Jawaharlal Nehru, India's first prime minister, launched a foreign policy of non-alignment to assert neutrality with the U.S. and the Soviet Union. The goal of this policy was to uplift and defend the rights of developing and non-developing nations. In later years , India and the U.S. had considerably greater bilateral trade and investment in this strategic relationship, and India was declared a "Major Defense Partner" of the United States in 2016. The strategic partnership flourished in 2002, when India rendered assistance to the U.S. on September 11, 2001, a day of unprecedented shock and suffering. As French marshal Ferdinand Foch says “This is not a peace treaty, it is an armistice for twenty years”. After 15 years of negotiations, the U.S. and India signed a defense “foundational” agreement named General Security of Military Information Agreement (GSOMIA) in 2002. GSOMIA facilitates security standards for safeguarding the critical information shared by the U.S. with India, as well as enabling collaboration by the U.S. defence firms with Indian defence public sector undertakings (DPSUs). Since then, the U.S. Secretary of Defence and the Indian Minister of Defense had established concrete measures to strengthen co-production of science and technology and to ensure provision of opportunities.
Rather than holding annual sessions, the U.S-India defense relationship is sailing ahead to more frequent high-level cooperation and defense trade, which has increased substantially. Both countries signed the End-User Monitoring Agreement (EUMA). This agreement aroused several oppositions from India, because the U.S. wants to inspect all the inventory that is transferring to India. The U.S. will have the right to inspect the intent of any weapon that is purchased by India. End-use monitoring was to satisfy the international commitments of the U.S. and it is precisely conspicuous of considering India as a client state, rather than a strategic ally. The signing of the long negotiating Basic Exchange and Cooperation Agreement (BECA) between India and the U.S on October 27, signals further collaboration of bilateral defence and military ties. The expansion of strategic ties lies within four key pacts including, BECA.
Of the four foundational agreements, the General Security of Military Information Agreement (GSOMIA) signed by two countries in 2002. It facilitates sharing of classified information from the U.S. government and its companies with the Government of India and defense public sector units, however this agreement excludes Indian private companies. The General Security of MIlitary Information Agreement was guided by direction from Prime Minister Atal Bihari Vajpayee and President George W. Bush. India and the United States have charted a new course in their bilateral relationship. The India-U.S. Defence Secretary aimed at enhancing mutual capabilities in combating terrorism, environmental security and development of technologies for meeting catastrophic ruination. They highlighted the paramountcy of the ongoing Special Operations Airborne Exercise in building interoperability between U.S. and Indian armed forces, and concurred to conduct further exercises. Later on, the government led by Congress’s Manmohan Singh didn’t extend his hand in signing the other three agreements put forth by the U.S. amid concerns that these may lock India into an uncomfortably close embrace with the U.S.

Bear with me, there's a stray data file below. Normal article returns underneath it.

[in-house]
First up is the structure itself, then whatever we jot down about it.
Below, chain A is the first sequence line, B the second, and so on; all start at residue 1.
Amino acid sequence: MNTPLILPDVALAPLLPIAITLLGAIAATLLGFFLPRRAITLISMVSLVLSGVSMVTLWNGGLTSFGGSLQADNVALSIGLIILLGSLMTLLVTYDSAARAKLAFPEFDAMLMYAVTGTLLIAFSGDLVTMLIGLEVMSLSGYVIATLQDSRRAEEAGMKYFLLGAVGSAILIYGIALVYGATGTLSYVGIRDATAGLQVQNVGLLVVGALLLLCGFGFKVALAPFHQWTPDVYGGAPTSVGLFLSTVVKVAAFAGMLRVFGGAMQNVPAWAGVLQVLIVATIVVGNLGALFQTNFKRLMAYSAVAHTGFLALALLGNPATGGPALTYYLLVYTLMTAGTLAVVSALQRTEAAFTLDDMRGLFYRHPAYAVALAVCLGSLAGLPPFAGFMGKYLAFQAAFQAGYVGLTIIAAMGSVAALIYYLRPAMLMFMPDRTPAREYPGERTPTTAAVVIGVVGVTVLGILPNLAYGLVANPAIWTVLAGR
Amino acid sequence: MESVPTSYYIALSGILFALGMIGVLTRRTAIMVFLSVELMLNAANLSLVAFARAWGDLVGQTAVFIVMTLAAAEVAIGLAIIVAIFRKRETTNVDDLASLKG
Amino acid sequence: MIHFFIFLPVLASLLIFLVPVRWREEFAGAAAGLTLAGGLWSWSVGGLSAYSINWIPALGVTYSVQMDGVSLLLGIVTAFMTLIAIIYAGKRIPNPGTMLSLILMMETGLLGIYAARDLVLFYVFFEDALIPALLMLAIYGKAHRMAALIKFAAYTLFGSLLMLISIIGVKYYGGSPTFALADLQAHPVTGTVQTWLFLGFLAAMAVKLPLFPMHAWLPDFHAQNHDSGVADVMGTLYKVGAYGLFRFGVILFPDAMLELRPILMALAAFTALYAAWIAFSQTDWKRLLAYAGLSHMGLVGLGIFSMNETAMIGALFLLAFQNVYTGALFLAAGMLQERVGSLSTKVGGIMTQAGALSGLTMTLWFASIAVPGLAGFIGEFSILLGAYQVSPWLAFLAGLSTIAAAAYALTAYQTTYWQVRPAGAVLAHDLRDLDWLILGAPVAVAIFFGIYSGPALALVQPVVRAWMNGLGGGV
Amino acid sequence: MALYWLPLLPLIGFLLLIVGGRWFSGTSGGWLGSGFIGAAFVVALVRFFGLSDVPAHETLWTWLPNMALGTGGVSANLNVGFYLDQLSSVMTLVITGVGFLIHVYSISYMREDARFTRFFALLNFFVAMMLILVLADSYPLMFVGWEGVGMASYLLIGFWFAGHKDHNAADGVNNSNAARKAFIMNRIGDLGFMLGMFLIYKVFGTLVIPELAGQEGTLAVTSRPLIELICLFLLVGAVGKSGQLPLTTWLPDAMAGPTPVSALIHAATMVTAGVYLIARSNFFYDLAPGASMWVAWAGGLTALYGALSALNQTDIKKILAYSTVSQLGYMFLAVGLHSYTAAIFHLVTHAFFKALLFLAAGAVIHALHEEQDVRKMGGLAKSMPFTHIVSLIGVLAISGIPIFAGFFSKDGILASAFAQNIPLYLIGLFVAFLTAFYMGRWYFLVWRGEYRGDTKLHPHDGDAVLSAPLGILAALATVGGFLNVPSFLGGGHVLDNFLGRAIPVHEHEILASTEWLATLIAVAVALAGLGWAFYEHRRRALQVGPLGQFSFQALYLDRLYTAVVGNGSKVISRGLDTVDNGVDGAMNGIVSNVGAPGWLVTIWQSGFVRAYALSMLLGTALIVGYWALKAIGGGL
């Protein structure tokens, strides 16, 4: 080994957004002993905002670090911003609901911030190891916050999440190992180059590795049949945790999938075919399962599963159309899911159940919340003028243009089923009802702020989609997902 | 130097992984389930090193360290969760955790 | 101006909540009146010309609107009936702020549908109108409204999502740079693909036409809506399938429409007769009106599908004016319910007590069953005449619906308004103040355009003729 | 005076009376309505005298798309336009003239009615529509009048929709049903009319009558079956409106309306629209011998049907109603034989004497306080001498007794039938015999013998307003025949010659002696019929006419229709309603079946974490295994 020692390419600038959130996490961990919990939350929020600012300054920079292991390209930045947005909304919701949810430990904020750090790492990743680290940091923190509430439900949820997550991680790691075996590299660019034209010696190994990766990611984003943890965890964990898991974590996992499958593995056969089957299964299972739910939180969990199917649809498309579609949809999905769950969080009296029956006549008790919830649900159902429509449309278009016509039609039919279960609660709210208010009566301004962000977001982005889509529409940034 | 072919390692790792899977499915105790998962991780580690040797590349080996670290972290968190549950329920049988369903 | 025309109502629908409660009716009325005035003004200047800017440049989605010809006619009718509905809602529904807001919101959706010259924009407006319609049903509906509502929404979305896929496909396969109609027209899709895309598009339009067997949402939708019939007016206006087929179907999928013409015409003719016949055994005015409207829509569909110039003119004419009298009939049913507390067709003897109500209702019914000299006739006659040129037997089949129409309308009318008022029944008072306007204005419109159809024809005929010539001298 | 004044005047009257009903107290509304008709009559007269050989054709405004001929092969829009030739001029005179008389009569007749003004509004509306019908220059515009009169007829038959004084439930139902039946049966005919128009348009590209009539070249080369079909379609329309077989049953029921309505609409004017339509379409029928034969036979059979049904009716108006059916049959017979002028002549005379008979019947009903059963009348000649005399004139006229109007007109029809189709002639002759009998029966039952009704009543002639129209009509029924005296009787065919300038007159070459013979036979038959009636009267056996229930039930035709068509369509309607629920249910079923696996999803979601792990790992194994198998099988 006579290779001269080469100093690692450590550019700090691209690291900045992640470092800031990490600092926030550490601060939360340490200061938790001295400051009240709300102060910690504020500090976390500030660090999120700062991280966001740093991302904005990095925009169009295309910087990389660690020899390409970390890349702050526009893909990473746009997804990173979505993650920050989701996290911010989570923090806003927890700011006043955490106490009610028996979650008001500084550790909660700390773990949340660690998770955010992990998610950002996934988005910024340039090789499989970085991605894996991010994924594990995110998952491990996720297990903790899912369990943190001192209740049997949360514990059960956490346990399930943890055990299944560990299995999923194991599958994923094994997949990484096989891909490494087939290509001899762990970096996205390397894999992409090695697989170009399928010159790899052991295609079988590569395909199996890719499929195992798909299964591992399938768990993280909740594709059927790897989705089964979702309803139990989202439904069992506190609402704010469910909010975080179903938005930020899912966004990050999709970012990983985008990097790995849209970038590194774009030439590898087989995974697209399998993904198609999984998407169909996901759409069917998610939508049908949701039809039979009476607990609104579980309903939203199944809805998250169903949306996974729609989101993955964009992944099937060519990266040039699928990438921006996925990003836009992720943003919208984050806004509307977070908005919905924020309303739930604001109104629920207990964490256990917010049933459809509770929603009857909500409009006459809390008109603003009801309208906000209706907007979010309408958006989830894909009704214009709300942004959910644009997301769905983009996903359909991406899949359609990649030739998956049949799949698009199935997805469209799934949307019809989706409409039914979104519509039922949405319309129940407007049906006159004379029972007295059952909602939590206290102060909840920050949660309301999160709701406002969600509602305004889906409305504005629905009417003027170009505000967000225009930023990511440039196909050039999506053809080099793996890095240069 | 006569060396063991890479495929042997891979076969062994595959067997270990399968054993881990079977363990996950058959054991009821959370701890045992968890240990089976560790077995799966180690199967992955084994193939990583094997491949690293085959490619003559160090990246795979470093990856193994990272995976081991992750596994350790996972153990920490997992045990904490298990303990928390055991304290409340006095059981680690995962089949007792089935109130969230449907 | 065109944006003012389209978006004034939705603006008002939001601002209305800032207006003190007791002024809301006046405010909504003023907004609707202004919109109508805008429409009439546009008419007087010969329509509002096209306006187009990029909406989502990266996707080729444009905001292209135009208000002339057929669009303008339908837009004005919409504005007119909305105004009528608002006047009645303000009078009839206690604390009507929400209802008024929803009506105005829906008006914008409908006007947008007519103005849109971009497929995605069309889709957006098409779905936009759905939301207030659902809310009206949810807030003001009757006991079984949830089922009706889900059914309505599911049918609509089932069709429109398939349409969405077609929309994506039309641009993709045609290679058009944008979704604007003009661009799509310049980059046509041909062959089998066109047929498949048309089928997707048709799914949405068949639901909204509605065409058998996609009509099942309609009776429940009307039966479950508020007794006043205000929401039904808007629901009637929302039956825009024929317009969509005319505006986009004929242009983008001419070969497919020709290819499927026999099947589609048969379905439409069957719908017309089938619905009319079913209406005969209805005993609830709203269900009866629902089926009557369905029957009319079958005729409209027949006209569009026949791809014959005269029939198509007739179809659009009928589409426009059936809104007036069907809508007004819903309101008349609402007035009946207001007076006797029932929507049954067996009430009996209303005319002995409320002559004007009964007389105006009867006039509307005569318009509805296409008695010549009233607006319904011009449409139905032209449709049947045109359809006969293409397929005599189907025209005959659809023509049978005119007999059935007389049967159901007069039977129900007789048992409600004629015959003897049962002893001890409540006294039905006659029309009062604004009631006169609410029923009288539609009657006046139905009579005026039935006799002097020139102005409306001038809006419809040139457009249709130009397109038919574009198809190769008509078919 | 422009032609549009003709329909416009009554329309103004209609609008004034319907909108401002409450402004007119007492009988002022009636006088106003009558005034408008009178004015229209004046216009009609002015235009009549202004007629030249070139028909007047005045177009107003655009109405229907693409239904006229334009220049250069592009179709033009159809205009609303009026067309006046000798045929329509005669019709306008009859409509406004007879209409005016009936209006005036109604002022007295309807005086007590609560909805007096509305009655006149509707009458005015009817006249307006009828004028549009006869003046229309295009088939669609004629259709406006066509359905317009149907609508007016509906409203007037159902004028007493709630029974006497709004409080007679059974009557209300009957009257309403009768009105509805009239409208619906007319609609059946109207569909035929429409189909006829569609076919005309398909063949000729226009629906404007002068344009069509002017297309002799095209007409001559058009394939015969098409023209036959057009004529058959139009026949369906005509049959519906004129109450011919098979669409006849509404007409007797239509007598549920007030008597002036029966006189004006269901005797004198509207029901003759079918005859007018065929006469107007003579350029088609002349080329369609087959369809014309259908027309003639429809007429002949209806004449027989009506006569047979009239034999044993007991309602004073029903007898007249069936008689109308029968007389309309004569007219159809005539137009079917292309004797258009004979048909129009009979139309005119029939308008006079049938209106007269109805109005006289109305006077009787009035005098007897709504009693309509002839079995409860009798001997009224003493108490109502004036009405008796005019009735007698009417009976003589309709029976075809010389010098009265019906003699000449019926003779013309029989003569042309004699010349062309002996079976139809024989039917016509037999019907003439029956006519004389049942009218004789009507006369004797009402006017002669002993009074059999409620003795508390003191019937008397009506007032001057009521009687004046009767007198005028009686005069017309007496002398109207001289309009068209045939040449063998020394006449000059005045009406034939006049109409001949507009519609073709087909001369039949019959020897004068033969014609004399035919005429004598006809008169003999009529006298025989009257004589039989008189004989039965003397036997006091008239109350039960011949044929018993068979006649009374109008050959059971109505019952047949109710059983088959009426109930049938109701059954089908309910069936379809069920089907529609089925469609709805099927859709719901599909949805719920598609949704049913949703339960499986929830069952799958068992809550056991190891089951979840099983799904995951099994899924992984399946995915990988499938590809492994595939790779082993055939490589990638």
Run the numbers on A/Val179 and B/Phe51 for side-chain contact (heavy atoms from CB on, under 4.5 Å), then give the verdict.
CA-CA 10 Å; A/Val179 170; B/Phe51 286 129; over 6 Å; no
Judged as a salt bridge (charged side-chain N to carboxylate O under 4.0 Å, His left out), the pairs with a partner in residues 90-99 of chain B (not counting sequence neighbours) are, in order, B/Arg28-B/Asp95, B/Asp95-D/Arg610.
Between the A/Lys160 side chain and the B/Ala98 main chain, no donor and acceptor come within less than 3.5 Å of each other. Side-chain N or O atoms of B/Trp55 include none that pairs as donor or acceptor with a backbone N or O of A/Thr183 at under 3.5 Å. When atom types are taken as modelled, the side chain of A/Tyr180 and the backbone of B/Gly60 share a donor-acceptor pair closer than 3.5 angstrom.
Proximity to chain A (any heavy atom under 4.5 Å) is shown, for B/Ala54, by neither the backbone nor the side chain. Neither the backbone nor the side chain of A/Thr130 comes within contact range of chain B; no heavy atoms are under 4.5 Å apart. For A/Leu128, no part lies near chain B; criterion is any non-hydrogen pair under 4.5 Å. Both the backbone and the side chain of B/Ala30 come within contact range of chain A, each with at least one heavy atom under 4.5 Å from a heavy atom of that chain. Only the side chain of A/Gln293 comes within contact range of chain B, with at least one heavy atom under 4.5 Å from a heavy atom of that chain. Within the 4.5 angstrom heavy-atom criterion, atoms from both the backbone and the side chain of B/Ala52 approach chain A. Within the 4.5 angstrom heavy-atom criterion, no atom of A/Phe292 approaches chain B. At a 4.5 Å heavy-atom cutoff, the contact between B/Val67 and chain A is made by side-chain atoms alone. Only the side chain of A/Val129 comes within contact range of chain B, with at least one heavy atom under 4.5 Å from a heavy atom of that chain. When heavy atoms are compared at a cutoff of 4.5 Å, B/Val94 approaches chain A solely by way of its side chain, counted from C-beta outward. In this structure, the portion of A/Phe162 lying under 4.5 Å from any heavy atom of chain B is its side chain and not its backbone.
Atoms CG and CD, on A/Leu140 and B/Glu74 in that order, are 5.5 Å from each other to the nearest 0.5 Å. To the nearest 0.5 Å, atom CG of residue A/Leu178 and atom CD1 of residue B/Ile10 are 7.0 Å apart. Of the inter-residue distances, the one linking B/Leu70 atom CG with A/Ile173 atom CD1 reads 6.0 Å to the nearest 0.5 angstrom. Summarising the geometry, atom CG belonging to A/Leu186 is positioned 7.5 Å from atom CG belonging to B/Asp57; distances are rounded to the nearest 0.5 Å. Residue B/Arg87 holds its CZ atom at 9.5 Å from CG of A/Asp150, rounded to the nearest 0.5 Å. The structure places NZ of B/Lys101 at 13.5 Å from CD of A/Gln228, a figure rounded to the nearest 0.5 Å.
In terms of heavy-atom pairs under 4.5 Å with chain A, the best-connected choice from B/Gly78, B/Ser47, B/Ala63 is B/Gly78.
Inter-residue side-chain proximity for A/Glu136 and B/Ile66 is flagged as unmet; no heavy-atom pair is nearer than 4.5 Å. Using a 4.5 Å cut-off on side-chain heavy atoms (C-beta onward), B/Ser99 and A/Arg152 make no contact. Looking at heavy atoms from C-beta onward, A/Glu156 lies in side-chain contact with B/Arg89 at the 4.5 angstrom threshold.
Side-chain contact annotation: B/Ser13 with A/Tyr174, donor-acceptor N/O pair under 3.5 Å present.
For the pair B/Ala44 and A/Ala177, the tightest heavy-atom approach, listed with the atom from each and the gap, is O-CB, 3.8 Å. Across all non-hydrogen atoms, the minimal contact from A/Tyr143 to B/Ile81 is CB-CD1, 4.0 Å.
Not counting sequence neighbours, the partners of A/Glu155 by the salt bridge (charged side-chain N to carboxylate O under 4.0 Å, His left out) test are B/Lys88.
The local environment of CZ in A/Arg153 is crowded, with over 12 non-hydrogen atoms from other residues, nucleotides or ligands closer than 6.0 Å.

When Prime Minister Narendra Modi came to power in 2014, the signing of a second agreement panned out with the U.S. Defence Secretary, Ashton Carter. The second agreement, Logistics Exchange Memorandum of Agreement (LEMOA) signed on 29 August, 2016 required a great deal of negotiation since its implications went beyond the Indo-U.S. plane. It would create potential opportunities for exchanging military logistics for either of the countries to re-supply or carry out military repairs.Since India and the U.S conducts a significant number of joint exercises, a system was instituted for book-keeping and payments and officials, who would serve as nodal points of contact from both sides. The four primary areas under this arrangement are port calls, joint drills, preparation, and humanitarian aid and disaster relief. Any other arrangement needs to be decided on a case-by-case basis by all parties. The Logistics Support Agreement (LSA) is a fine tuned version of LEMOA. One of the controversies around domestic political opposition to LEMOA was based on the misconception that this is an agreement negotiated and signed by the U.S. allies that also makes India one. In fact, however about 100 countries have signed the LSA, many of which are not U.S. allies. Another misconception of the LSA was that signing it would make India, especially in West Asia and East Asia, a part of American policies and conflicts. But this is not true either: Though most of the countries formally allied with the U.S. have not been dragged into these wars, let alone those simply signing the agreement. Moreover in a realistic sense, India is losing and winning tangible benefits. As one of the more basic advantages, LEMOA enhances India's outreach to conduct far-sea operations that have historically been comparatively small. The signing of LEMOA helped India obtain access to Djibouti and Diego Garcia's U.S. military bases. The agreement neither offers logistical assistance nor allows the military bases to be binding on either of the countries and thus requires individual clearance. LEMOA is symbolically important to signify India-U.S. ties. Links, however among some critics, rejected such close ties out of fear of China's aggression, claiming this partnership was alarming.